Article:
The settlement also requires Countrywide to make significant changes to its bankruptcy servicing practices. For example, Countrywide must send borrowers in Chapter 13 bankruptcy a monthly notice with information about what amounts the borrower owes – including any fees assessed during the prior month. The defendants also must implement a data integrity program to ensure the accuracy and completeness of the data they use to service loans in Chapter 13 bankruptcy.

This case was brought with the invaluable assistance of the United States Trustee Program, the component of the Department of Justice that oversees the administration of bankruptcy cases and private trustees. This action represents the FTC’s continuing work to help consumers who have been hurt by the economic downturn.

For more information about the case and the FTC’s refund program, see www.ftc.gov/countrywide.

The Commission vote to authorize staff to file the complaint and settlement was 5-0. The complaint and settlement were filed in the U.S. District Court for the Central District of California.

The Federal Trade Commission is a member of the interagency Financial Fraud Enforcement Task Force. For more information on the Task Force, visit www.stopfraud.gov.

NOTE: The Commission files a complaint when it has “reason to believe” that the law has been or is being violated, and it appears to the Commission that a proceeding is in the public interest. The complaint is not a finding or ruling that the defendants have actually violated the law. Stipulated court orders are for settlement purposes only and do not necessarily constitute an admission by the defendants of a law violation. Stipulated orders have the full force of law when signed by the judge.

The Federal Trade Commission works for consumers to prevent fraudulent, deceptive, and unfair business practices and to provide information to help spot, stop, and avoid them. To file a complaint in English or Spanish, visit the FTC’s online Complaint Assistant or call 1-877-FTC-HELP (1-877-382-4357). The FTC enters complaints into Consumer Sentinel, a secure, online database available to more than 1,800 civil and criminal law enforcement agencies in the U.S. and abroad. The FTC’s Web site provides free information on a variety of consumer topics.
Visit 4closureFraud.org for the latest info.   No charge and not selling anything unlike sites that copy and paste this entry as their own without permission or accreditation.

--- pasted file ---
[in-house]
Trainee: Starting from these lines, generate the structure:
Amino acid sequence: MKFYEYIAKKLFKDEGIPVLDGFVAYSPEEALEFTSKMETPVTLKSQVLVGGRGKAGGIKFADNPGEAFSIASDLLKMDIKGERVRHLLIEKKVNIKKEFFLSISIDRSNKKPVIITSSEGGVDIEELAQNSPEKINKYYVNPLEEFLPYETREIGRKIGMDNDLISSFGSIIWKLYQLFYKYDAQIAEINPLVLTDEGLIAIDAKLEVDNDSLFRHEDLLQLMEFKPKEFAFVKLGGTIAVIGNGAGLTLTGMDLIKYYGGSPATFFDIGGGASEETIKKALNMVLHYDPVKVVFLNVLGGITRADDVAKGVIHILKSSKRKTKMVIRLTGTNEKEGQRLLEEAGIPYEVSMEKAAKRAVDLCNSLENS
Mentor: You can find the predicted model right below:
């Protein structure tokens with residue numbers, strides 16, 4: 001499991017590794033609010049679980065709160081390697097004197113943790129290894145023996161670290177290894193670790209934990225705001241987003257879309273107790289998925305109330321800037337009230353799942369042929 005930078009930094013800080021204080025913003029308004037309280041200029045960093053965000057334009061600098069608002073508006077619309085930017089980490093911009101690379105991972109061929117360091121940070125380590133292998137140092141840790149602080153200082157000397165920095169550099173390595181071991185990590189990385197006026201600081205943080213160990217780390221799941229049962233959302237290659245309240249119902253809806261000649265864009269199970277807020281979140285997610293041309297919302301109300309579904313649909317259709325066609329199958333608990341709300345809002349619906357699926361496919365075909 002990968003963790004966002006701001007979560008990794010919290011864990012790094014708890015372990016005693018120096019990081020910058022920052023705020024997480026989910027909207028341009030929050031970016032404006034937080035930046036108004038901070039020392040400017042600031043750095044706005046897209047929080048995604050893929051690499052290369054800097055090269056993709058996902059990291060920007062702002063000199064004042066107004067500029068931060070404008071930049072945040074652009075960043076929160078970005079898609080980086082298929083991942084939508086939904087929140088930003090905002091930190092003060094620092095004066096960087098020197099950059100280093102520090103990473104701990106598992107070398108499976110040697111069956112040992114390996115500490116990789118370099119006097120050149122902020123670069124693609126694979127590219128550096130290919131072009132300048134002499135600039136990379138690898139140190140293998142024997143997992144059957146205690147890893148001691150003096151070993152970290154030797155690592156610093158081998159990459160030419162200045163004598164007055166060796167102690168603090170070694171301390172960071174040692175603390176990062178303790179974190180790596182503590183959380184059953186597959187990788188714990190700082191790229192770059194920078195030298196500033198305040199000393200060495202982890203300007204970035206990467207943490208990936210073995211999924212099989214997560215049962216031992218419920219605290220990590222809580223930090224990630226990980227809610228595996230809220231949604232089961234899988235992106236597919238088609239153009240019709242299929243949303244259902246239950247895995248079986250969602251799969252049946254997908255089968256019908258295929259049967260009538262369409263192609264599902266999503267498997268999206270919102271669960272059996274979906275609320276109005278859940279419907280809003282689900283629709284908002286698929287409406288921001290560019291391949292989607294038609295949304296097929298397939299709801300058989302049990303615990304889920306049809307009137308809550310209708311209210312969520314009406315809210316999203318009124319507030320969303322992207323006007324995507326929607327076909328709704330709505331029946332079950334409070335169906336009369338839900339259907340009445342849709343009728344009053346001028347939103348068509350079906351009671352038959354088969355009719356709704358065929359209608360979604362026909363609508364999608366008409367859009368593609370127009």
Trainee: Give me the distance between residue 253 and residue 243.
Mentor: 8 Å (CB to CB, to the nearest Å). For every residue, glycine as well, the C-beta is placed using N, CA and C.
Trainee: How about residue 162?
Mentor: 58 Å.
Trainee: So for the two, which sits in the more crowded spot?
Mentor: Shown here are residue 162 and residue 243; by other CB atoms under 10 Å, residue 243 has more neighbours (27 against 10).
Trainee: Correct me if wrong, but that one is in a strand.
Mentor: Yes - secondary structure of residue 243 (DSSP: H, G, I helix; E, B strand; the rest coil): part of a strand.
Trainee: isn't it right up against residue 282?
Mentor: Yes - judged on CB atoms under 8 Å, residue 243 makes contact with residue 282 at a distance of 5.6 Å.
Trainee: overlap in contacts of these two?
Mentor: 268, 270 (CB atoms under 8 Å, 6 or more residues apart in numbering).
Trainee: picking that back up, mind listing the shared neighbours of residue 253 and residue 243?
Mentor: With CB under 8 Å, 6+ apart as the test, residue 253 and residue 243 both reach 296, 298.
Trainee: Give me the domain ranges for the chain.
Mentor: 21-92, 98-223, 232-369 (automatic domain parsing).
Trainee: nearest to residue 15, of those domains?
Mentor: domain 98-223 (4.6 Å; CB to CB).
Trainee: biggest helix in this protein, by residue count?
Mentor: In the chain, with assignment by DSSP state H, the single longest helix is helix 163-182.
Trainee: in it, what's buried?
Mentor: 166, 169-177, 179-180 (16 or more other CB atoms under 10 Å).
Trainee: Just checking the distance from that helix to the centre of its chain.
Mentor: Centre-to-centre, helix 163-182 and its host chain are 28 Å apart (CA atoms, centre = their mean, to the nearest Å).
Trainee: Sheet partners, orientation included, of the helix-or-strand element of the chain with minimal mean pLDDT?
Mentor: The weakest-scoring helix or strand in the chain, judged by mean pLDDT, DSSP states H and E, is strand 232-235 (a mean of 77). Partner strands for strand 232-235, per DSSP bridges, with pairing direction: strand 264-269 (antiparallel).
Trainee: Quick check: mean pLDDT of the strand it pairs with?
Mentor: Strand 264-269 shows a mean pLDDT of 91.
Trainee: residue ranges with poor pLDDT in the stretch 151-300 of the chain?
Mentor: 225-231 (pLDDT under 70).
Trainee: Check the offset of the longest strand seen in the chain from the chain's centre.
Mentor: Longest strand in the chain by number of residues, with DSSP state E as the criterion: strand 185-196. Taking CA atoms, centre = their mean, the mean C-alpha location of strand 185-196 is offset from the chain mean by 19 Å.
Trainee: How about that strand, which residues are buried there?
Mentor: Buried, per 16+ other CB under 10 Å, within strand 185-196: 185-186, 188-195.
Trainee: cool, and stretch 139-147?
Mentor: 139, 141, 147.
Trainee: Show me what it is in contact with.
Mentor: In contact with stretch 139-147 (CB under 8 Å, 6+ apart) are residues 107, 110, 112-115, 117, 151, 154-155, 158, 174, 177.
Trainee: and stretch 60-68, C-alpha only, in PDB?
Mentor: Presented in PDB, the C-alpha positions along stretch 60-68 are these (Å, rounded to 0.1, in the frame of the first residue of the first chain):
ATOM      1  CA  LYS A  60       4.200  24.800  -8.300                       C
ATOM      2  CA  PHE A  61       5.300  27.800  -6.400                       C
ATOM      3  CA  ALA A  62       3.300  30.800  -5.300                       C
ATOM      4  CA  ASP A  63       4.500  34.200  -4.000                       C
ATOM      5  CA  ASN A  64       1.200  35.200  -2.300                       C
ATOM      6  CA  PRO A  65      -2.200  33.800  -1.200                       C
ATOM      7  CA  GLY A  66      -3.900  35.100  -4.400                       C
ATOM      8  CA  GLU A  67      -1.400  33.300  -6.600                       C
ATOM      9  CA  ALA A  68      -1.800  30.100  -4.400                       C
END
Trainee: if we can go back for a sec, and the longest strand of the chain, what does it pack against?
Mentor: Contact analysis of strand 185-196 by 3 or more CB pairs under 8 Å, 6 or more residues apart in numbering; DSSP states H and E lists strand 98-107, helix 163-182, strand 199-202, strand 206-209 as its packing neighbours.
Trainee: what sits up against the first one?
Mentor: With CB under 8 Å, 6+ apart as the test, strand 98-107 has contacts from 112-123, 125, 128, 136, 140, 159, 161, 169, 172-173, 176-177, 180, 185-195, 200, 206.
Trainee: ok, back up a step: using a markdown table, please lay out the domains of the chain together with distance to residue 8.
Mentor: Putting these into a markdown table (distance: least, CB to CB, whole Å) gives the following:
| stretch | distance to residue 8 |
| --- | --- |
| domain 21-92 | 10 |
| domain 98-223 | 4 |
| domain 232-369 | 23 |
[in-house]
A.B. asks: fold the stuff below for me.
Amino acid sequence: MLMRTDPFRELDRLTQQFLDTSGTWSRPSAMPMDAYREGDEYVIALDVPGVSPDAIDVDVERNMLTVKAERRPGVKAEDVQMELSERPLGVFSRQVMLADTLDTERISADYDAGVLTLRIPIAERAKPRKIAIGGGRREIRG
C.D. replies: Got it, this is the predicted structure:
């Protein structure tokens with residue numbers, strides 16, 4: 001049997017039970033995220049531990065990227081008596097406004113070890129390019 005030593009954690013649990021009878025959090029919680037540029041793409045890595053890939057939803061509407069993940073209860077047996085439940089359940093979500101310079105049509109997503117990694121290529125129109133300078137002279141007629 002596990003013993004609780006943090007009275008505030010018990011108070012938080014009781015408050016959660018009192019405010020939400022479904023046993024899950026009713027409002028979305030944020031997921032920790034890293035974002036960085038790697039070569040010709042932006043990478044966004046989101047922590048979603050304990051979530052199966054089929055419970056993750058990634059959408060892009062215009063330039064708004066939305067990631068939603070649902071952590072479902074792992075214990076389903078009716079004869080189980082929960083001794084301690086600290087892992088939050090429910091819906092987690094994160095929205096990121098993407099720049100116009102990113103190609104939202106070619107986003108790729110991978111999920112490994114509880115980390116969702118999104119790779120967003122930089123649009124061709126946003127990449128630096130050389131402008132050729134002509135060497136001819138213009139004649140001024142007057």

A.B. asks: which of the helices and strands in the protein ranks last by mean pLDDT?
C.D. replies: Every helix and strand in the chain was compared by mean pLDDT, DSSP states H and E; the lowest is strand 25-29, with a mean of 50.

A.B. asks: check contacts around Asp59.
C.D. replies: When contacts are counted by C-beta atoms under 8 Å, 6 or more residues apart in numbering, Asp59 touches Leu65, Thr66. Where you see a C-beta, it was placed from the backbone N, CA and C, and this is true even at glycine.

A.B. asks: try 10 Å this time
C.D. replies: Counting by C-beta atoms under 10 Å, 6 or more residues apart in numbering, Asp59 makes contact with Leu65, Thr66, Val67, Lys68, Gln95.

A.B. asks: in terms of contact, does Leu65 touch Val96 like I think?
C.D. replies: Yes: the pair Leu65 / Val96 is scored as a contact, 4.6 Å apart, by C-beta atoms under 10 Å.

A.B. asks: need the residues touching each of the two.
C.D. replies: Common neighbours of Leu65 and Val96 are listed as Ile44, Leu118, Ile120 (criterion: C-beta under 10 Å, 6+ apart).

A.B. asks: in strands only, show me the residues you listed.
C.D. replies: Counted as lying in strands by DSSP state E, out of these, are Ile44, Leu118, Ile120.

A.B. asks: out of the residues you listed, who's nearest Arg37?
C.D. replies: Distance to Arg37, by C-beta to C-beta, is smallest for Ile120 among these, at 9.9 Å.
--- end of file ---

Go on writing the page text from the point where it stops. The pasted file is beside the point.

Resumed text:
MEDIA CONTACT:

Frank Dorman
Office of Public Affairs

202-326-2674
STAFF CONTACT:
Lucy Morris or Alice Hrdy,
Bureau of Consumer Protection
202-326-3224

(FTC File No. 0823205)
(Countrywide)

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4closureFraud.org

Complaint – Federal Trade Commission, Plaintiff, V. Country Wide Home Loans, Inc.

Order – Federal Trade Commission, Plaintiff, V. Country Wide Home Loans, Inc.


Comments
3 Responses to “Foreclosure Fraud – BAC / Countrywide Must Pay $108 Million for Illegally Overcharging Struggling Homeowners; Loan Servicer Inflated Fees, Mishandled Loans of Borrowers”
  1. Ken says:

    BAC just sent me a reinstatement for my mortgage that included 2800 for an appraisal, $2700 for a property inspection, and other misc, fees. About $5600 in bogus fees .. I orderd the reinstatement which is only good for 14 days on 1-4-11. I received it on 1/19/11 one day after it expired only to find all of these bogus charges included. They propmptly emaile me a new reistatement that reduced the property inspection to $105 and elininated the appraisal completely. The added over $1400 in attorney fees, over $1,400 in misc foreclosure fees and tripled my insurnce which is through Merit plan whom BAC owns, They say my premium increased because I am in foreclosure. I paid them 12k and now i am out of foreclosure. Now I am going to demand documentation of all of the misc foreclosure expenses and make them requote my insurance or I may just go buy my own policy and make them return the escrow shortage they added to my second reinstatement of $2.300 .Another property I own is a rental and vacant due to them telling me it is in foreclosure. They inceased my insurance for $1800 to $9,540 yearly. They are con artists and everybofy should just stop paying their mortages alla t once and put these crooks out of business for good. I recently was informed that the Saudi’s own 515 of BAC. Go figure!!

    • BARBARA JONES says:

      barb says ,get this BAC put us in AGModification in march 2010 until march 2015 and now we are in foreclosure because they apologied that no one took the time out to escalate it in the system and now in order for them to honour it we have to come up with 14 months of payment because they told us in october 2010 not to make any more payment because we were in foreclosure because we were only making partial payments but we were paying what they told us on the modification agreement and we dont think that its fair to us.

  2. PJ says:

    This is big news not just for the settlement for already strapped homeowner’s.. but for the exposure of how these “bailed out” entities are creating’ LLC’s ie: supsideraries on a daily basis to milk the people even further. One question where are the so called “vendor’s” registered and have they paid local taxes for the services they performed? Or is their pay deposited in DL or some offshore entity…. are the employee’s paying FICA/SS taxes…
    all big questions to this story!

    “Countrywide created subsidiaries to hire the vendors. The subsidiaries marked up the price of the services charged by the vendors – often by 100% or more –”

    Thanks’ 4CF for posting this it speaks volumes!